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Puckett v. Huizing

March 17, 2010

TIMOTHY PUCKETT, PLAINTIFF,
v.
TROY HUIZING, ET AL., DEFENDANTS.



The opinion of the court was delivered by: Hon. Robert J. Jonker

ORDER APPROVING REPORT AND RECOMMENDATION

The Court has reviewed the Magistrate Judge's Report and Recommendation (docket # 81) and Plaintiff Timothy Puckett's Objections to it (docket # 82), and Defendant Troy Huizing's Reponse (docket # 84). Under the Federal Rules of Civil Procedure, where, as here, a party has objected to portions of a Report and Recommendation, "[t]he district judge... has a duty to reject the magistrate judge's recommendation unless, on de novo reconsideration, he or she finds it justified." 12 WRIGHT, MILLER, & MARCUS, FEDERALPRACTICE AND PROCEDURE § 3070.2, at 381 (2d ed. 1997). Specifically, the Rules provide that:

The district judge must determine de novo any part of the magistrate judge's disposition that has been properly objected to. The district judge may accept, reject, or modify the recommended disposition; receive further evidence; or return the matter to the magistrate judge with instructions.

FED. R. CIV. P. 72(b)(3); see also 28 U.S.C. § 636(b)(1)(C). De novo review in these circumstances requires at least a review of the evidence before the Magistrate Judge. Hill v. Duriron Co., 656 F.2d 1208, 1215 (6th Cir. 1981).

The Report and Recommendation recommends that Mr. Huizing's motion for summary judgment (docket # 71) be granted. It concludes that Mr. Puckett failed to establish a disputed issue of material fact regarding whether his injuries were more than merely de minimus. It accordingly concludes that Mr. Huizing is entitled to summary judgment on Mr. Puckett's section 1983 claim. Mr. Puckett raises several objections to the Report and Recommendation, none of which undermine it.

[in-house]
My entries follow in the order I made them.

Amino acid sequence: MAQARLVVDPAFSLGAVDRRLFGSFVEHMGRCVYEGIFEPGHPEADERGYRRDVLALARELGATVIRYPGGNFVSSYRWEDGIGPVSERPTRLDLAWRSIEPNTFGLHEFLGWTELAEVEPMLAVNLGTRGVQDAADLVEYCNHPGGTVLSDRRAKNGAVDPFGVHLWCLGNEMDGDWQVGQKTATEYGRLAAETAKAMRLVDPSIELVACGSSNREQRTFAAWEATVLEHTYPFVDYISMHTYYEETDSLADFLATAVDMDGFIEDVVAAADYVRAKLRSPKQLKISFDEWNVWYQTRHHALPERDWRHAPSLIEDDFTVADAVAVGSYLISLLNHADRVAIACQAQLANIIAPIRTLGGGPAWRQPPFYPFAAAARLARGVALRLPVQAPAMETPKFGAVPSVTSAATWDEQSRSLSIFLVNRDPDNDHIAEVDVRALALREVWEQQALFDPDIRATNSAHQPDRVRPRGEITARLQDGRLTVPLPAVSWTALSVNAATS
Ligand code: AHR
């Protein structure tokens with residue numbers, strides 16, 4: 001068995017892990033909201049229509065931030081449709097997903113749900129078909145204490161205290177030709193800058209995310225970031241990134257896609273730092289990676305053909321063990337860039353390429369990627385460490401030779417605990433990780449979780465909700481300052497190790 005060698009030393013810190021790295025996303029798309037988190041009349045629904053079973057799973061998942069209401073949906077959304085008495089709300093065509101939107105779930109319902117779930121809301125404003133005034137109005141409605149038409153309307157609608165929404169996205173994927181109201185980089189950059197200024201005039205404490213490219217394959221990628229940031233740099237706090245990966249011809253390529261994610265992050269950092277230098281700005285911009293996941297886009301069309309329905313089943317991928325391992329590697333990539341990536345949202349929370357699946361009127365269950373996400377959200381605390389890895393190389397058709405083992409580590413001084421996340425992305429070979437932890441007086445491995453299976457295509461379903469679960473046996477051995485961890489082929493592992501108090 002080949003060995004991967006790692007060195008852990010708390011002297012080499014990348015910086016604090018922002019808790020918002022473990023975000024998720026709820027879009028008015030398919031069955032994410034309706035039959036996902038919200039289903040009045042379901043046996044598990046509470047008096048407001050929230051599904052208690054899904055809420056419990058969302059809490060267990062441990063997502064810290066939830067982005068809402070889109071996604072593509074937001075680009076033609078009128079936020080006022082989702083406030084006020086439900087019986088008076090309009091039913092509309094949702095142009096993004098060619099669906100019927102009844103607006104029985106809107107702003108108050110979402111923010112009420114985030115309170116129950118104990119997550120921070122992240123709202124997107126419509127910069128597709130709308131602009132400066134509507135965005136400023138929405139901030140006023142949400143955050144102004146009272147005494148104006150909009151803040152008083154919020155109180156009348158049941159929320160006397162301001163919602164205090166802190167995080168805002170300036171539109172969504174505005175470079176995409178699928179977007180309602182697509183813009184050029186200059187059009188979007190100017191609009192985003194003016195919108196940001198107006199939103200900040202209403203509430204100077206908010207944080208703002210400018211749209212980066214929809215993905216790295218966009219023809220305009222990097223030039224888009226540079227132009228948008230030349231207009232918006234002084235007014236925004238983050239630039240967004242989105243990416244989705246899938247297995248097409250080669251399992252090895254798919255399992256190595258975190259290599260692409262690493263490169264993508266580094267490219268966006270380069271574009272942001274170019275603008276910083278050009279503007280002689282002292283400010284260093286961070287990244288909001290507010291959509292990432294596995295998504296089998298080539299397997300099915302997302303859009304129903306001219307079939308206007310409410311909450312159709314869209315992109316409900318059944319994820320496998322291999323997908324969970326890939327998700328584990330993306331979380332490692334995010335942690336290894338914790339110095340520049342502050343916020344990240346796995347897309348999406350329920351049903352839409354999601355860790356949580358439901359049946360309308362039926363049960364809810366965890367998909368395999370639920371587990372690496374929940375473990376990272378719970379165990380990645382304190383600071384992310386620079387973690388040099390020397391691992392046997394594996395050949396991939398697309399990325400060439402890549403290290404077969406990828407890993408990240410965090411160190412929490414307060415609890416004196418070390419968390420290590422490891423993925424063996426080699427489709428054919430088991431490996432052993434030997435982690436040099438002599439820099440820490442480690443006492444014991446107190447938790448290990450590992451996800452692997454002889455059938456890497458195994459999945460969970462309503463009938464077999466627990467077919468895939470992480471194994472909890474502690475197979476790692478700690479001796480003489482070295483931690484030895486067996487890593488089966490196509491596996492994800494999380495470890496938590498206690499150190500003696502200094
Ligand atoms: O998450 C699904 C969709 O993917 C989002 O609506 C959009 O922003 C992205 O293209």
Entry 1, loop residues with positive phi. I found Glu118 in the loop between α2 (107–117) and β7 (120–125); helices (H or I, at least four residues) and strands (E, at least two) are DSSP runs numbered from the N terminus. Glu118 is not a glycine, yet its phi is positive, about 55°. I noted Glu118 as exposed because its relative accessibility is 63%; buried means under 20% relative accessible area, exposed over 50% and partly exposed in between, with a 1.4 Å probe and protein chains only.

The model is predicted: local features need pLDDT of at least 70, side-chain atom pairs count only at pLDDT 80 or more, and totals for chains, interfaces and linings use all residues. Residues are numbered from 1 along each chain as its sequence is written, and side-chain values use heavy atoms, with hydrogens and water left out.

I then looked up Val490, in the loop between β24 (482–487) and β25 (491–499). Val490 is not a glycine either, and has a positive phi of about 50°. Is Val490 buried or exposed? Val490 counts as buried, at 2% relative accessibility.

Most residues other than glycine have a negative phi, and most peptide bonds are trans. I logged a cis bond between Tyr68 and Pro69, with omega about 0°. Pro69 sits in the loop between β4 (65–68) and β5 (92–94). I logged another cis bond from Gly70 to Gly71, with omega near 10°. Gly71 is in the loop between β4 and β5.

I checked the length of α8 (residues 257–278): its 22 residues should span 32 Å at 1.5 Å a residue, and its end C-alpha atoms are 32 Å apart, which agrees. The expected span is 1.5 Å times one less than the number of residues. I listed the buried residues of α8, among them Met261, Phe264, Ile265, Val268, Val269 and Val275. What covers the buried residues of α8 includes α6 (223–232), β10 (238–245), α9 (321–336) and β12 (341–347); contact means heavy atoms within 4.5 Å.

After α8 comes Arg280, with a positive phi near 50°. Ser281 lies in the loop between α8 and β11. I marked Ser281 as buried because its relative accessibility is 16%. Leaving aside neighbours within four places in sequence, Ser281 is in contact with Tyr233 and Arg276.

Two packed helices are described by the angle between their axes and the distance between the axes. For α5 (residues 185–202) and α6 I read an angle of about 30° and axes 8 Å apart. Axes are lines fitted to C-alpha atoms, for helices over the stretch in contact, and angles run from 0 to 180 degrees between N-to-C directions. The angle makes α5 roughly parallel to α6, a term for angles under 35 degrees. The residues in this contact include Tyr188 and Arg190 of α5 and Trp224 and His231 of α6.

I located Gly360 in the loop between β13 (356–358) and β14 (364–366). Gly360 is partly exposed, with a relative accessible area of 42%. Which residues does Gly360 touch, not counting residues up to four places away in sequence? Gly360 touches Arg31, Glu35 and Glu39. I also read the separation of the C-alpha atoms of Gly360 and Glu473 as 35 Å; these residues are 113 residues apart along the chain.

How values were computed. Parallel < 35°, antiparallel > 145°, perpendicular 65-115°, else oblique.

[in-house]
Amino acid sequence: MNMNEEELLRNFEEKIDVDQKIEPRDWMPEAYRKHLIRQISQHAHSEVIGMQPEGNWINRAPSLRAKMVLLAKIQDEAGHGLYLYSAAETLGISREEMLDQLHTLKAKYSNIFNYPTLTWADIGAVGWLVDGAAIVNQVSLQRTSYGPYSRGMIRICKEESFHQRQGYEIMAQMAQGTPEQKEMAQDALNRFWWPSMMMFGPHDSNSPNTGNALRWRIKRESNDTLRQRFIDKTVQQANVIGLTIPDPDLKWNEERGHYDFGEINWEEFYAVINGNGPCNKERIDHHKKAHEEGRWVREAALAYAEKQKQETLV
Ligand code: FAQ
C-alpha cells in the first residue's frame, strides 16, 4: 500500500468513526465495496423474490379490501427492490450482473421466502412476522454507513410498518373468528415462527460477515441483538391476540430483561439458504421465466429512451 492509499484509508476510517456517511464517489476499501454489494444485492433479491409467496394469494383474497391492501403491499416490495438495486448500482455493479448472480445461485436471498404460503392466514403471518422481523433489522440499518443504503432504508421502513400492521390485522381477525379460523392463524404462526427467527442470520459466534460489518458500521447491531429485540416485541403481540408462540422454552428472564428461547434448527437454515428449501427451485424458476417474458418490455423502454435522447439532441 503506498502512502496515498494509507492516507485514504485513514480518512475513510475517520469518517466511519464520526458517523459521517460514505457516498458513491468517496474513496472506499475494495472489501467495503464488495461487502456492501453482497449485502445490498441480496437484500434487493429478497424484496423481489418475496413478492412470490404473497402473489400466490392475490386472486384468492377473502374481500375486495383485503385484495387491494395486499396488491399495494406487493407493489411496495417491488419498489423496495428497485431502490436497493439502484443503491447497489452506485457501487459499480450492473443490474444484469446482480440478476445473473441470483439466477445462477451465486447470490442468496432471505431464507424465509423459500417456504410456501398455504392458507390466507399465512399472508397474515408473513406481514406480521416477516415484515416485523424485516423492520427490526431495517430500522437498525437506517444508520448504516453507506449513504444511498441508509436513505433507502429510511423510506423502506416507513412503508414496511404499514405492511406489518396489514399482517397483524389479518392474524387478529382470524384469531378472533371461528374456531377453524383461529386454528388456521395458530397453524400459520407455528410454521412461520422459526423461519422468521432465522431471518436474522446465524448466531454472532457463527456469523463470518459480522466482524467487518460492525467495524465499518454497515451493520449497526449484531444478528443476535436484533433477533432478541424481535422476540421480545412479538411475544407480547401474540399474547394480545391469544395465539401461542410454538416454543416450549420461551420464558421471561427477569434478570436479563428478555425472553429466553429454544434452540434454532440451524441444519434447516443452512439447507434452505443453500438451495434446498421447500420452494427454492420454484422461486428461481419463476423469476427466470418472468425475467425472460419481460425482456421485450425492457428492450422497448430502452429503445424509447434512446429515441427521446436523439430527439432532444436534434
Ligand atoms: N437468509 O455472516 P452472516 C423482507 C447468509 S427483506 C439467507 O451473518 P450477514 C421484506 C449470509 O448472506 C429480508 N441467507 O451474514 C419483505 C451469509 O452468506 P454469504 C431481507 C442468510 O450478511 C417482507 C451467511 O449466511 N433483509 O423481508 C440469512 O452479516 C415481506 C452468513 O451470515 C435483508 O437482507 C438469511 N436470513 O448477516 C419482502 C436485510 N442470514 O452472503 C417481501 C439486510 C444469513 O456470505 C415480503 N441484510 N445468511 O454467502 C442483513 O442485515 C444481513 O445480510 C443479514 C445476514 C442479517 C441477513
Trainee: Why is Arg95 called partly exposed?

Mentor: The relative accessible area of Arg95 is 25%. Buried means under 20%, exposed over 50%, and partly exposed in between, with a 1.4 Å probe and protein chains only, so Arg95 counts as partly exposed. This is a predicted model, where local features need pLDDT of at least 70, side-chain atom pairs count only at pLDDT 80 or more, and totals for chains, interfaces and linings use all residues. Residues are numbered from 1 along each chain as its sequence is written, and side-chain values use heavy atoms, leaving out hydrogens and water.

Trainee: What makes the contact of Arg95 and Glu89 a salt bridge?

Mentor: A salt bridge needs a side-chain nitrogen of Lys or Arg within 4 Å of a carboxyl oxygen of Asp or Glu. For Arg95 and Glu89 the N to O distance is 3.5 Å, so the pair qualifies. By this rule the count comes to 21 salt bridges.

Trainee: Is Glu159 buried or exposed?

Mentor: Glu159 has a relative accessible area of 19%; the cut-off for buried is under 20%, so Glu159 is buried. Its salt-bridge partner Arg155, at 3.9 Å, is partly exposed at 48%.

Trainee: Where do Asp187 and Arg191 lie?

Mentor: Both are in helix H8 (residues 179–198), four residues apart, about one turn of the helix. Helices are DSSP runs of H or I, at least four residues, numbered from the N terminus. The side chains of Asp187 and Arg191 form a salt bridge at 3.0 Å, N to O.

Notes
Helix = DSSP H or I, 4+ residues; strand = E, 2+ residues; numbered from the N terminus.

Mr. Puckett objects that his medical records demonstrate more than a de minimus injury to his hands. The medical records, however, support the Magistrate Judge's conclusion that Mr. Puckett's injuries were not sufficient to survive summary judgment. Although the Eighth Amendment may be violated by something less than a serious injury, it requires something more than a de minimus injury. Jones Bey v. Johnson, 248 Fed App'x 675, 677 (6th Cir. 2007) (holding that pain and swelling caused to the plaintiff's wrists by the guards pulling his handcuffs and striking his hands on the food slot were insufficient injuries to demonstrate a violation of the Eighth Amendment). The evidence in the record shows that there is no dispute that Mr. Puckett's injuries consisted merely of several scratches, slight bruising, and no swelling. The x-rays showed that his hands were normal, he was able to move them within normal limits, and his injuries were treated with only ice and Tylenol. His injuries therefore were de minimus and are insufficient to survive Mr. Huizing's motion for summary judgment. See id.; Corsetti v. Tessmer, 41 Fed. App'x 753, 756 (6th Cir. 2002) (holding that small bruises and minor cuts were de minimus and insufficient to survive summary judgment).

Mr. Puckett also objects that Mr. Huizing is not entitled to qualified immunity. The Report and Recommendation, however, does not conclude that Mr. Huizing is entitled to qualified immunity. Accordingly, this objection is without merit.

IT THEREFORE IS ORDERED that the Report and Recommendation of the Magistrate

Judge, filed January 19, 2010, is approved and adopted as the opinion of this Court.

IT IS FURTHER ORDERED that the motion for summary judgment filed by Mr. Huizing (docket # 71) is GRANTED.

ROBERT J. JONKER UNITED STATES DISTRICT JUDGE

20100317

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